Wildbuzz | A whatszapped koel
Koels are members of the cuckoo family and are reviled by House crows as the female koel bids to lay eggs secretly in their nests as the male koel distracts the raucous crows.punjab Updated: Jun 25, 2017 15:08 IST
The plight of an injured bird — hailing from a very common species — but hopping around the garden of Nandita Sekhon in Sector 12, Panchkula, was destined to traverse the far seas to London. This was because the bird had unwittingly landed in the lap of the ‘whatszapped intelligentsia’. A devotee of nature and gardening, Nandita came upon the bird and discerned it was injured in the leg, and was sipping water limply from her hose pipe. She moved towards the bird to help the hapless creature.
While her endearing mannerisms and motherly entreaties would have the won the day with any stricken human or dog, the bird scurried for safety! Though unable to fly initially, the injured bird scampered around in panic with an affectionate Nandita, tailing her like a steel-willed mother with a glass of milk in her hand. The bird finally took off, never to be seen again in Nandita’s garden. Phew! If only birds could understand the depth of humanity’s noble intentions.
The cuckoo had flown the proferred nest of respite, but her injury and charisma left Nandita both troubled and curious. She thought the bird may have been a rare species. So, she put up pictures in her WhatsApp group. There was a flurry of suggestions and excitement, and many ‘coos, oohs, ahhs and sundry sighs’. Some friends obliged by suggesting imaginative identities, such as a ‘pheasant’ in Panchkula’s Sector 12. However, one of Nandita’s friends in London, a lady doctor, was a bird enthusiast and she posted on WhatsApp that it looked like a female koel. Not trusting the diagnosis fully, a determined Nandita finally had the identity confirmed from experts. The injured bird in her garden was indeed a female Asian koel. A bird that screeches (kik-kik-kik) and dashes around with such ferocity that I daresay it can startle the most stately and unflinching of trees.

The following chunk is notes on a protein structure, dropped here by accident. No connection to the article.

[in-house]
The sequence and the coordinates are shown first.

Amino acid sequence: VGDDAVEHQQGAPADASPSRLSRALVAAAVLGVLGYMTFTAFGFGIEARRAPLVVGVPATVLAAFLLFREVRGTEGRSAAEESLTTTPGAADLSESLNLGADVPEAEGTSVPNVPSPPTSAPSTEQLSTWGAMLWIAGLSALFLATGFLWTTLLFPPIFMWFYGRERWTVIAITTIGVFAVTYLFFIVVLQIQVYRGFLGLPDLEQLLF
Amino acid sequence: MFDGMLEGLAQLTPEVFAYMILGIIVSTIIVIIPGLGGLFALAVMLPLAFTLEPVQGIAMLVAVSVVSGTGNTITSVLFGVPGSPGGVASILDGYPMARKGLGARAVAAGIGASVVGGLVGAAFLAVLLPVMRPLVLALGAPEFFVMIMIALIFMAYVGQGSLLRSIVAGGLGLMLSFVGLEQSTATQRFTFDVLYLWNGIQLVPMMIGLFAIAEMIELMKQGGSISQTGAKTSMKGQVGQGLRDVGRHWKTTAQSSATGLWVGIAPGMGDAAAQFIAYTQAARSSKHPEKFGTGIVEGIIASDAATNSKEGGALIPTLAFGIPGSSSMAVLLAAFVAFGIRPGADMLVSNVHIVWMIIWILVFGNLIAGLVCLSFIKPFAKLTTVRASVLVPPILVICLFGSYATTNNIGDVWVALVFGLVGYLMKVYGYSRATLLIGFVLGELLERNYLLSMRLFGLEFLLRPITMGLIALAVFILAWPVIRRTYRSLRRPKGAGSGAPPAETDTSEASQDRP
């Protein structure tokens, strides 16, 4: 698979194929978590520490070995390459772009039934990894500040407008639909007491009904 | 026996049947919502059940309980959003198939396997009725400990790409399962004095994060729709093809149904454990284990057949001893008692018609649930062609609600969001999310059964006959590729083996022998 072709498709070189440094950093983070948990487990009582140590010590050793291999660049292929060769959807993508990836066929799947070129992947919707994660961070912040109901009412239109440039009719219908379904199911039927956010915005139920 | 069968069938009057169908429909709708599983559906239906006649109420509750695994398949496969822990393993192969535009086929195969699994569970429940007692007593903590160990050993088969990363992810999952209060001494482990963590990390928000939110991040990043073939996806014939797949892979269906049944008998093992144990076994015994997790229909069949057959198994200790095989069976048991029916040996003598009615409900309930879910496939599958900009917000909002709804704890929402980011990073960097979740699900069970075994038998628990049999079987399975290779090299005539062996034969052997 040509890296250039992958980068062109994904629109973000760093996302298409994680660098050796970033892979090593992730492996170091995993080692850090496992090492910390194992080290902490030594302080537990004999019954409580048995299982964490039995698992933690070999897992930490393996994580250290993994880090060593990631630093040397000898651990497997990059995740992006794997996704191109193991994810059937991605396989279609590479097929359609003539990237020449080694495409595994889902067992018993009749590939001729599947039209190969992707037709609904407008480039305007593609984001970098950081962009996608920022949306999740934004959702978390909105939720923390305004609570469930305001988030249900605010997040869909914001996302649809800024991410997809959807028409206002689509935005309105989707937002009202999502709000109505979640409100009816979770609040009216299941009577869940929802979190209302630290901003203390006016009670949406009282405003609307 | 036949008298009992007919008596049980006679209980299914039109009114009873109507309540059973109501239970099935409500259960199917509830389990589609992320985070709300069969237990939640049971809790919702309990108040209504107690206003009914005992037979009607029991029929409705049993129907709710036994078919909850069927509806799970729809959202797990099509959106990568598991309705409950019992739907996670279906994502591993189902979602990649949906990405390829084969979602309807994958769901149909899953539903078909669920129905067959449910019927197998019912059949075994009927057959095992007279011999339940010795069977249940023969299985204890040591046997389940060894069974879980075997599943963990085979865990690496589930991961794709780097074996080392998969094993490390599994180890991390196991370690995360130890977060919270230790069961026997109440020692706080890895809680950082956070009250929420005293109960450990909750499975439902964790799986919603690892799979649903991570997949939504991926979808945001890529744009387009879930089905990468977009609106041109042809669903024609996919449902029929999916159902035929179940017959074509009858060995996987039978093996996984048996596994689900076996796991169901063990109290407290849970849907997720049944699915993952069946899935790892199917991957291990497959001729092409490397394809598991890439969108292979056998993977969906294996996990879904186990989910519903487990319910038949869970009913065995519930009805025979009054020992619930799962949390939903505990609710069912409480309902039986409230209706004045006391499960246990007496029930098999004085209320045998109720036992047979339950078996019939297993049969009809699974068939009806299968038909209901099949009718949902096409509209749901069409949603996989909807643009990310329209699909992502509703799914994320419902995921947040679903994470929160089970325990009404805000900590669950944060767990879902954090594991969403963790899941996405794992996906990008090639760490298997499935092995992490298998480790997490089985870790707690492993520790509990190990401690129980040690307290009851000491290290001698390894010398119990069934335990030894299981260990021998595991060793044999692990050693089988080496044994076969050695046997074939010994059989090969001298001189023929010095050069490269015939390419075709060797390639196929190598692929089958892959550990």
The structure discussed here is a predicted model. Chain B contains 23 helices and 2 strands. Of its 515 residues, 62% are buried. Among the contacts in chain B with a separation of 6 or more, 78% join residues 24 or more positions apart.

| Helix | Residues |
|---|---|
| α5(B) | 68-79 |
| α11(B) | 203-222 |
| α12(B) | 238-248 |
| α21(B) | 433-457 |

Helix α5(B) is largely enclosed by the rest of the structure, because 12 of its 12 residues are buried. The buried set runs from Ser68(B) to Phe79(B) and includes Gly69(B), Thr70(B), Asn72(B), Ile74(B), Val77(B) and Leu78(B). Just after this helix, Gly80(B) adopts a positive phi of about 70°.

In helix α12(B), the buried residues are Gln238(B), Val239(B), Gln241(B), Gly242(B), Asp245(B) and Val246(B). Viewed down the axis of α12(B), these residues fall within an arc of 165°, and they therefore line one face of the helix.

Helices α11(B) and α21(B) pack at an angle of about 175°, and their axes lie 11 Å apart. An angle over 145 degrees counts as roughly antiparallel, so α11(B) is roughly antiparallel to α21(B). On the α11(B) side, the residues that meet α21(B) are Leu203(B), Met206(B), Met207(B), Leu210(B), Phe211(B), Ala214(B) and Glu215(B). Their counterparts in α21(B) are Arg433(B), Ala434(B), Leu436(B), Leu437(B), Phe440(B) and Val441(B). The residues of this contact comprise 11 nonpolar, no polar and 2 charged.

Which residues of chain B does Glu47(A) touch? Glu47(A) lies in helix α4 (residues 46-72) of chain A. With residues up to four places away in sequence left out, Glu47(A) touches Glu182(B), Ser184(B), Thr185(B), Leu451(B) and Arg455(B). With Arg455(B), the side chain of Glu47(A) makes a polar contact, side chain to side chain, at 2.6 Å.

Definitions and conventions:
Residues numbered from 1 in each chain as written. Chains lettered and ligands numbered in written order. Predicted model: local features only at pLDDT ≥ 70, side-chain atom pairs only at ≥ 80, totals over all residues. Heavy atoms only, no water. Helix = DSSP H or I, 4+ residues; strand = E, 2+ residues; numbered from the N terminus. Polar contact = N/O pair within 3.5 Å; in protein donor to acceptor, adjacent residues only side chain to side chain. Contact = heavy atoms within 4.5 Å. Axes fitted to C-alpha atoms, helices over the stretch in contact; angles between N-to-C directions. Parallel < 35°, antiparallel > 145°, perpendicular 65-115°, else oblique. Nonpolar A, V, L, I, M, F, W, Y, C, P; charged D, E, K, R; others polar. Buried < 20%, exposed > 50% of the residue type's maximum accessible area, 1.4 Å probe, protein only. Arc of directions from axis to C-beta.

Koels are members of the cuckoo family and are reviled by House crows as the female koel bids to lay eggs secretly in their nests as the male koel distracts the raucous crows. Female koels can even dislodge crow eggs from the nest to give her eggs a better chance and her offspring, which are brought up by the foster parents, the crows. So, crows will chase and mob koels, and the fleeing, screeching bird often crashes into window panes with a loud thud, injuring feet and other body parts.
HISS MASTERY OF SNAKES
The tricity’s snake-rescue expert, Salim Khan, is virtually an illiterate, but he is truly a master at assessing and anticipating reptile behaviour in urban/peripheral ecosystems. A tailor master by profession in the snake off-season, Khan likes to jest that he has earned a ‘desi PhD in snake rescue’ through sheer volume and intensity of field experience of 12 years. On June 20, Khan exhibited this command of the subject by remote-controlling a snake escape while he was miles away from the spot. An 8-foot-long, non-venomous rat snake slid into the Maruti Swift car of a retired Canara Bank official, SK Sharma (63), at the NFL Enclave, Sector 48, Chandigarh, at about 4.30pm. Sharma called up Khan to rush to his apartment and rescue the snake, but Khan told him that by the time he would get to the enclave, the sun would have cooled down.
Instead, Khan asked Sharma to drive the car to the nearby park with long grass, make it face the sun, open the bonnet, keep well away from the car and ensure it was not encircled with frenzied, babbling onlookers. However, the thought of the snake coming through the clutch plate or brake pedal opening so unnerved Sharma that he could not get himself to drive the car to the park. His son, Mandeep (39), volunteered and drove it to the park. The hiding snake obliged by not creeping in and coiling around Mandeep’s ankles!
Eureka! After a few minutes, the Khan trick began to work as the stationary car heated up in the sun’s glare and the snake wanted to quit the car’s cover. Since there was no disturbance around, the snake moved and the tail appeared in view. After 35 minutes, the snake ‘jumped’ from the chassis and slithered into the grass. “Khan kept ringing me and advising me while this operation was underway. His understanding of the situation was masterly as the snake behaved just the way Khan predicted,” Sharma told this writer.